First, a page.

the step of moving the holder in the second direction separates the vessel and splash shield and causes the splash shield to engage with the portion of the shaft; and
the method further includes the step of rotating the shaft to rotate the splash shield during the directing step.
5. The method of claim 1, further including the step of rotating the splash shield during the directing step.
6. The method of claim 1, wherein the directing step directs warm rinse fluid.
7. The method of claim 1, further including the step of directing rinsing fluid onto the mixing element.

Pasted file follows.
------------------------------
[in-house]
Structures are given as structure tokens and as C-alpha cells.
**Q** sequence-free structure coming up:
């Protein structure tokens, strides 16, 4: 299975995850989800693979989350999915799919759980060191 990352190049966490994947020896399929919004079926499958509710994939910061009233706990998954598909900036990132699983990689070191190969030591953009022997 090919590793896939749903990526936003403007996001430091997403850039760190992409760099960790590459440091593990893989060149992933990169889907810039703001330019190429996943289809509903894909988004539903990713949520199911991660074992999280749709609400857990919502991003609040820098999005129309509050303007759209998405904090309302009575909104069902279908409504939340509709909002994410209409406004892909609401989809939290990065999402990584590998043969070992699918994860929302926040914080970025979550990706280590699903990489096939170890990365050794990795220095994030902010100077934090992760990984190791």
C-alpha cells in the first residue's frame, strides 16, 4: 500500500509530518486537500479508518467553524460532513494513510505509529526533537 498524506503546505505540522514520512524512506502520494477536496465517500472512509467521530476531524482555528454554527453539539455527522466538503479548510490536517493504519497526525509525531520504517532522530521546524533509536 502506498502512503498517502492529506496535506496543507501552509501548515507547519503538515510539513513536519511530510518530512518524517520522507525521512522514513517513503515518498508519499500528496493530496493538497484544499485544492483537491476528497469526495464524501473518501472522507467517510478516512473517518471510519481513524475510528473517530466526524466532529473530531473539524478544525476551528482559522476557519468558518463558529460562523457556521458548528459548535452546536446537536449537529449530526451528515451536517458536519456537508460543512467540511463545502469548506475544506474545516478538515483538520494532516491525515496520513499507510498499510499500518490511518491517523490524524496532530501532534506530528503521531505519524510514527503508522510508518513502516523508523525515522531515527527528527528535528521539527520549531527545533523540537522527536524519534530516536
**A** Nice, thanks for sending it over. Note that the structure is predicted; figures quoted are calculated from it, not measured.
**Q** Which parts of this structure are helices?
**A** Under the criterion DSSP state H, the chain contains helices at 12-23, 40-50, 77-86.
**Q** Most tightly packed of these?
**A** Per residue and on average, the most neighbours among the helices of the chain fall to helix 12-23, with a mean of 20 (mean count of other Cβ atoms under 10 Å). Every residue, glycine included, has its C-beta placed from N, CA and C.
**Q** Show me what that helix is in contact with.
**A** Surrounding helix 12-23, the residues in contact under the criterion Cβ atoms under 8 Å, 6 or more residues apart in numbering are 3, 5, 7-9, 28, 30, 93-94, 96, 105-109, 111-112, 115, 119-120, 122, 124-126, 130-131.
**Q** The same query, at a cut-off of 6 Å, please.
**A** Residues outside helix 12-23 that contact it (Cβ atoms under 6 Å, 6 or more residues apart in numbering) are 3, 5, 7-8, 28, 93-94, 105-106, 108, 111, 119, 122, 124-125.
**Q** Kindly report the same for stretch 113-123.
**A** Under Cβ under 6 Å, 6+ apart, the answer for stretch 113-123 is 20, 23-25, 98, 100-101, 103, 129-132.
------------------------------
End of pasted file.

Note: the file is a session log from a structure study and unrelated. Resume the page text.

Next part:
8. The method of claim 1
, wherein the method includes the steps of:
with the mixing element in the material in the vessel, causing relative movement of the mixing element and vessel in opposite directions, and
causing the splash shield to retain the vessel within the holder during relative movement of the mixing element and vessel in opposite directions.
9. The method of claim 8, wherein in the causing step the mass of the splash shield retains the vessel within the holder.
10. The method of claim 1, wherein the directing step directs a rinse solution comprising sanitizing solution.
11. The method of claim 10, wherein the sanitizing solution includes a quaternary ammonium sanitizer solution.
12. The method of claim 10, wherein the sanitizing solution is a heated sanitizing solution.
13. The method of claim 1, wherein the providing step provides an upwardly directed first nozzle and a downwardly directed second nozzle, and wherein the directing step directs fluid from the first and second nozzles.